To most of the Internet, Rumi is fondly attributed to inspirational life quotes on Pinterest boards and social media captions. To those who take the extra step to Google him, he is also a 13th-century Iranian poet and a Sufi philosopher beloved by all for his holistic humanism. But when the regular Internetized public refers to his quotes today, they’re usually abstract edits to emphasize the “deepness.”
Jalaluddin Mohammed Rumi was a poet whose Sufi thought and Islamic background inspired his epic poetry. He incorporated poetry, music and dance into his spiritual practices. His most well-known works include the Mathnawi, a six-volume series with Sufi preachings about how to find love in God, and the Diwan-e-Shams, consisting of around 40,000 verses.
Rumi’s philosophy reflects a national, cultural, religious and literary identity that is not amplified as much on social media today.
In an interview with the BBC, Lee Briccetti, poet and executive director of the Poets House, says that “across time, place and culture, Rumi’s poems articulate what it feels like to be alive”—which, frankly, could not have been worded better. Rumi’s poetry delves deep into the mystical, high into the spiritual, and shakes the reader to the core of their very humanness. Coleman Barks, an American poet who interpreted and translated Rumi’s poetry despite not knowing the language, describes Rumi’s thought as “playful [mixed] with wisdom”.
As a lifelong scholar of the Qur’an, Rumi frequently incorporated Qur’anic verses and wisdom in his poetry. Known also for his remarkably accurate geographical references in his poetry, Rumi travelled to several places to personally observe their cultural history and practices, architectural features and natural elements.
In the Western context, being a poet or a philosopher are unrelated things, but in the Middle East, West Asia and other Asian regions, poetry and philosophy sometimes go hand-in-hand. His wisdom derives from his Sufi thought, knowledge and Islamic lifestyle. The themes in his poetry were mostly about devotional love—the highest attainable level of love that could be achieved for God, rather than for a person.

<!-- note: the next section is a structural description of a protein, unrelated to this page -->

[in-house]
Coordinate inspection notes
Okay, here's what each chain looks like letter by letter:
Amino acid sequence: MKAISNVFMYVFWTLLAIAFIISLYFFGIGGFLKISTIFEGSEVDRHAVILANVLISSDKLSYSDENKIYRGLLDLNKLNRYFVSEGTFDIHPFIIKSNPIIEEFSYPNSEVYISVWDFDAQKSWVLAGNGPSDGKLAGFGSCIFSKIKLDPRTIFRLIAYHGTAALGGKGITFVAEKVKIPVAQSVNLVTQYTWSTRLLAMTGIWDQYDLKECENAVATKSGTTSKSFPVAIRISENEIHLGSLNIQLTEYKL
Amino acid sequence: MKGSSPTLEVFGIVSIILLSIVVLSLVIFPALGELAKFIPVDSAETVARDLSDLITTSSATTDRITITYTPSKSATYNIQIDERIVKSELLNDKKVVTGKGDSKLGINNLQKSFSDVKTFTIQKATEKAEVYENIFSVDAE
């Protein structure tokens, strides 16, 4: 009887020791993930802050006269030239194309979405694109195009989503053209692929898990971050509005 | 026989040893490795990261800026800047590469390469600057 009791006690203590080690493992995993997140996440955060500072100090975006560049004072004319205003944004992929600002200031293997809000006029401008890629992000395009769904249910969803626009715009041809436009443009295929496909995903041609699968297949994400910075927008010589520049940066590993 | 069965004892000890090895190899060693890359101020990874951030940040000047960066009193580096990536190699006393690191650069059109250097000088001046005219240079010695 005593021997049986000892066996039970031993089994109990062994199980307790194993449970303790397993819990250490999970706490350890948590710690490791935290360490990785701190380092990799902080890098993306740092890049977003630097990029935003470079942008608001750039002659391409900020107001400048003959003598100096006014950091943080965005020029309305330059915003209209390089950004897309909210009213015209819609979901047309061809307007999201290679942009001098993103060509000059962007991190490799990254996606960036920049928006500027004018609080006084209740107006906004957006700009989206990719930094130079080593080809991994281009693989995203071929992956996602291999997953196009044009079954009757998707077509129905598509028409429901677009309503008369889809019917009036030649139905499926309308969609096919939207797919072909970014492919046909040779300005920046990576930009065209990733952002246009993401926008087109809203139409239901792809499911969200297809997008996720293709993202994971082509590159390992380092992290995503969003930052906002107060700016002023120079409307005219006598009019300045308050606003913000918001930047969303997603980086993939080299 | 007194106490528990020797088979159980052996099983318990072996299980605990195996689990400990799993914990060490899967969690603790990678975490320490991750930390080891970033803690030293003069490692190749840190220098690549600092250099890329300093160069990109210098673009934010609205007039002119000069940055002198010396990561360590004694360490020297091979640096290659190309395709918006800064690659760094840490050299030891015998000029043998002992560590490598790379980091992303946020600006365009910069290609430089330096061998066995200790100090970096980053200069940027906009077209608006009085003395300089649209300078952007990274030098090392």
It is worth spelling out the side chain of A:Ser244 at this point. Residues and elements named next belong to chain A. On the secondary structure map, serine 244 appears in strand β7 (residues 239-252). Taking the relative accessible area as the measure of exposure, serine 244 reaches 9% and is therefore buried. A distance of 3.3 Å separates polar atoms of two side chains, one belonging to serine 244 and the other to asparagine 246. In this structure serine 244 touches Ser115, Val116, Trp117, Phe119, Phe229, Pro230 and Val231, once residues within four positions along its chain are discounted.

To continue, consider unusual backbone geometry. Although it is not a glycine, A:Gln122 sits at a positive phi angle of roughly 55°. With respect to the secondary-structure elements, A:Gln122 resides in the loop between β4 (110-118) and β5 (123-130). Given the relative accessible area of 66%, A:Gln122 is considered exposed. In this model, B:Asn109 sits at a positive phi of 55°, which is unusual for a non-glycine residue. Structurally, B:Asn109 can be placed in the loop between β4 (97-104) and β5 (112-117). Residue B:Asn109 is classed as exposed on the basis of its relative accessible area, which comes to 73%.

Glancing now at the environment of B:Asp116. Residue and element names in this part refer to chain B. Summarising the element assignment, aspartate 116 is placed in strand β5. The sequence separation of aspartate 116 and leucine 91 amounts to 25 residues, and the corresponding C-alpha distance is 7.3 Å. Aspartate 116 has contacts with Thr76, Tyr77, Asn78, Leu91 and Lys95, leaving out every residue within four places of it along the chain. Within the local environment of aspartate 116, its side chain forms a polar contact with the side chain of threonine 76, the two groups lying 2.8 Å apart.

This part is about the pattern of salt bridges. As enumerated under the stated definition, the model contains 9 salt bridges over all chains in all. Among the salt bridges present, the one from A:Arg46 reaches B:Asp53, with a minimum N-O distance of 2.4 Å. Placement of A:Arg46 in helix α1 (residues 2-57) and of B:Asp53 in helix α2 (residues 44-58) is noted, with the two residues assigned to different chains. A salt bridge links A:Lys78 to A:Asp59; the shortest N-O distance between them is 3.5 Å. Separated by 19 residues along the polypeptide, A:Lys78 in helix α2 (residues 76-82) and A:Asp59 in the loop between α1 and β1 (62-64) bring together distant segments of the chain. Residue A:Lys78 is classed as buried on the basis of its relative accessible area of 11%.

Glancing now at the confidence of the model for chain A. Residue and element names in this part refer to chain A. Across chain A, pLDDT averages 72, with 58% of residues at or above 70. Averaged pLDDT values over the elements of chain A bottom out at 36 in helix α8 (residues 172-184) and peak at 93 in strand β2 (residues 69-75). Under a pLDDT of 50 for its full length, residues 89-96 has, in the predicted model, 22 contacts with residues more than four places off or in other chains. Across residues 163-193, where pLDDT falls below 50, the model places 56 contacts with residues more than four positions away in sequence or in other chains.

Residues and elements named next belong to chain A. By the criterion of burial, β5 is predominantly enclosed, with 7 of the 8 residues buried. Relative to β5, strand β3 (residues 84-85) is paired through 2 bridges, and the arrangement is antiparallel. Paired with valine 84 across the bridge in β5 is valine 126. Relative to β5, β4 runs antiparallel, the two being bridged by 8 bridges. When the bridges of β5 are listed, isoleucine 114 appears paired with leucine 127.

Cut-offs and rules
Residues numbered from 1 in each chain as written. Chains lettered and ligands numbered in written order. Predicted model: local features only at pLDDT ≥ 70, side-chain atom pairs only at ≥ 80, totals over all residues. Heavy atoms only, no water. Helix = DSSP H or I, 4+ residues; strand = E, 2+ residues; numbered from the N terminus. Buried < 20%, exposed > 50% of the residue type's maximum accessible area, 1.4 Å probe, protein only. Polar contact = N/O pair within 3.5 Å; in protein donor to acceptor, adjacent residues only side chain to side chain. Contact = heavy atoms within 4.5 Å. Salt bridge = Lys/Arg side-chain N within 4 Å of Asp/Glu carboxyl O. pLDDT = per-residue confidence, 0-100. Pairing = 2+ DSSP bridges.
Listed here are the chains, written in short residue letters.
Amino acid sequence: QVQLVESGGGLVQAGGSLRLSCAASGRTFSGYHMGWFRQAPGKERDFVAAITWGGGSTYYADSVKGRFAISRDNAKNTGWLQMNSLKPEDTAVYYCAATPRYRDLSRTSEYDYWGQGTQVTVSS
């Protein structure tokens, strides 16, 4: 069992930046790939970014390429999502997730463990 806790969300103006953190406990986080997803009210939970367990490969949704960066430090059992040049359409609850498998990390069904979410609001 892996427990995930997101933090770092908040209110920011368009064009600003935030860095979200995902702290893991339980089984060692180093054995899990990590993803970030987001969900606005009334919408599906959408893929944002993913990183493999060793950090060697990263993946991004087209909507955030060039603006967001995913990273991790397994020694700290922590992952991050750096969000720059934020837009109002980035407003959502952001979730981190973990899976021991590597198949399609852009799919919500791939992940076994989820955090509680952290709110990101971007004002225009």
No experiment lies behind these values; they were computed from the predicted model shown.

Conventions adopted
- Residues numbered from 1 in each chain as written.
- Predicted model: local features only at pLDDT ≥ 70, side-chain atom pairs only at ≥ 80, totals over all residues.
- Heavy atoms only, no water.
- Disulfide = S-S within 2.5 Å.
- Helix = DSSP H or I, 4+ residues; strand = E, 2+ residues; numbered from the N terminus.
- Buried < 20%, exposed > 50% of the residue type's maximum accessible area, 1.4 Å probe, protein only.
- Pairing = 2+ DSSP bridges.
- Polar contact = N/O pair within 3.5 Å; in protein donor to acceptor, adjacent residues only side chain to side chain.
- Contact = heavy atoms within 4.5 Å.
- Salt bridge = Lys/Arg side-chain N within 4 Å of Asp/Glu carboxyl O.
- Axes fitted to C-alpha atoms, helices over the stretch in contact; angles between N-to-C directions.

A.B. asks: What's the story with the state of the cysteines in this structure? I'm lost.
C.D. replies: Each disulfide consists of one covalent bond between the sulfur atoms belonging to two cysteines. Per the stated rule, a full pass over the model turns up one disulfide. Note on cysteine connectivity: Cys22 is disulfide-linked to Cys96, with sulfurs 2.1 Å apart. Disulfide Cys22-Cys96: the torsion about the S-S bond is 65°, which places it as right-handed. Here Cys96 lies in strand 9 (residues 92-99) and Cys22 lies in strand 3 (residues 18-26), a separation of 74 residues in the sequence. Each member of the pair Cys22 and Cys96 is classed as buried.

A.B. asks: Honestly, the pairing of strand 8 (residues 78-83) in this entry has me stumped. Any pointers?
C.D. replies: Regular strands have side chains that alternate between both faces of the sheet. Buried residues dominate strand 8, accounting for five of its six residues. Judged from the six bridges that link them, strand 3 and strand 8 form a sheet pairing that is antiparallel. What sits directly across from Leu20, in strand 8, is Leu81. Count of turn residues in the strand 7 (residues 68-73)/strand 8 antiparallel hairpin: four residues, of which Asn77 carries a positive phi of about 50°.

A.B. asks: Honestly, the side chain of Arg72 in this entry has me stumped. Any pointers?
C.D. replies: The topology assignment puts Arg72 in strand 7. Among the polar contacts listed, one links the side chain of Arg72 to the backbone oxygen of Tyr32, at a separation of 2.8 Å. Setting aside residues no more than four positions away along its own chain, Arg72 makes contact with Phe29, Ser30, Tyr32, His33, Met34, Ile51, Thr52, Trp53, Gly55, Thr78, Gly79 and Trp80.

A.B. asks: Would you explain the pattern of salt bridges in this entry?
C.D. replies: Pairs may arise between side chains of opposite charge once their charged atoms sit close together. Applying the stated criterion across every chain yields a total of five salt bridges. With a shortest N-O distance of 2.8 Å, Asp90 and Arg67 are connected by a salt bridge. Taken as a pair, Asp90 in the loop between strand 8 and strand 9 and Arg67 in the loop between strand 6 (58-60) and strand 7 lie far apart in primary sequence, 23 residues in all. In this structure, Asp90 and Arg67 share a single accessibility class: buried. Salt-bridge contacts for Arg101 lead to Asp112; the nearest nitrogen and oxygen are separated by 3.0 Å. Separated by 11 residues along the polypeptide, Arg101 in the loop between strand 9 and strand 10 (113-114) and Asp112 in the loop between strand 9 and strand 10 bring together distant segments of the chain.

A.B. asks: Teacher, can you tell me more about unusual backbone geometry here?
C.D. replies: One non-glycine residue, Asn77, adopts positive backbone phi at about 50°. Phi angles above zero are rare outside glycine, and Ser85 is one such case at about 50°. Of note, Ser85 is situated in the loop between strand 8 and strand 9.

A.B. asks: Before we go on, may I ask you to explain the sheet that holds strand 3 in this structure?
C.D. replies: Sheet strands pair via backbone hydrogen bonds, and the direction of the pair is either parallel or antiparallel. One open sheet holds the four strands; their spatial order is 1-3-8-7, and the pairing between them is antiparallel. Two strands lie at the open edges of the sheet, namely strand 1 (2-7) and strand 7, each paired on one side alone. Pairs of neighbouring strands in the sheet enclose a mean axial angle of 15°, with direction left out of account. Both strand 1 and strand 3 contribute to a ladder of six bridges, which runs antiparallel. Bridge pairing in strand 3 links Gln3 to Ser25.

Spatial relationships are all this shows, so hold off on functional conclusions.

In Asian and Middle Eastern literary history, poet-philosophers were considered masters of language for their poetry, and scholars for their allusions to and knowledge of Islam and the Qur’an. They were considered “free thinkers” who led social change.
Writer and law professor Radha D’Souza at the University of Westminster in London raises the point of how the poet-philosopher culturally diverges when translated into Western thought. The problem lies in Western translations of these verses, where due to lack of context, the poems sound more romantic and accomplishable for humans instead of a Sufi saint’s love for God. In trying to translate the essence of his wisdoms—many of which he quoted from the Qur’an itself—Rumi’s own philosophy of reverence for God and spirituality has been stripped from the text and has fallen prey to cultural appropriation.
In her essay, D’Souza explains how activist-scholars still have a lot to learn from social thinkers like Rumi to enact social change today. His philosophy criticized oppression, social inequalities and injustice, and he preached love as “the most unifying force in the universe."
But the Americanized, Internetized Rumi is framed as an individualist whose poetry never touches the activist domain. It’s unfortunate that the essence lost in translation isn’t just of language, but also of religious, spiritual, cultural, literary and activist contexts. While Rumi’s original poetry is best appreciated in its original language, at the same time, Barks’ interpretation of the poem portrays Rumi as a humorous, wise poet from the East with not much to offer in social activism.
Ideally, the Internet and social media platforms are global platforms promoting free speech and allowing information to disperse. But the flaw in the platform is that it is inherently eurocentric. Take eurocentric influences embedded in algorithmic rankings of beauty, for instance. If a subjective ideal like beauty is deeply embedded in AI, other cultural and literary narratives fall prey to cultural appropriation. Similarly, framing poet-philosophers and other cultural narratives in Western-centric ways can harmfully impact the audience’s favourability toward a religion and a people. It’s up to writers, historians, scholars and the reading public to avoid falling prey to these tinted frames. This re-education process aims to reach the United Nations Sustainable Development Goals for Quality (Digital) Education and Reduced Inequalities.
With Rumi as a case study of what happens to Eastern poet-philosophers who enter the Western domain, it’s crucial to note that a museum artifact in the aesthetic domain here in North America is another region’s literary history and national pride. It’s tragic how much of the contextual philosophy is lost in translation, but we, the informers, must endeavour to re-educate the public in openly understanding another culture, another history within factual and respectable boundaries.
Read this article on the West’s favourable image of Rumi as a witty poet from the East, and less of a Muslim philosopher.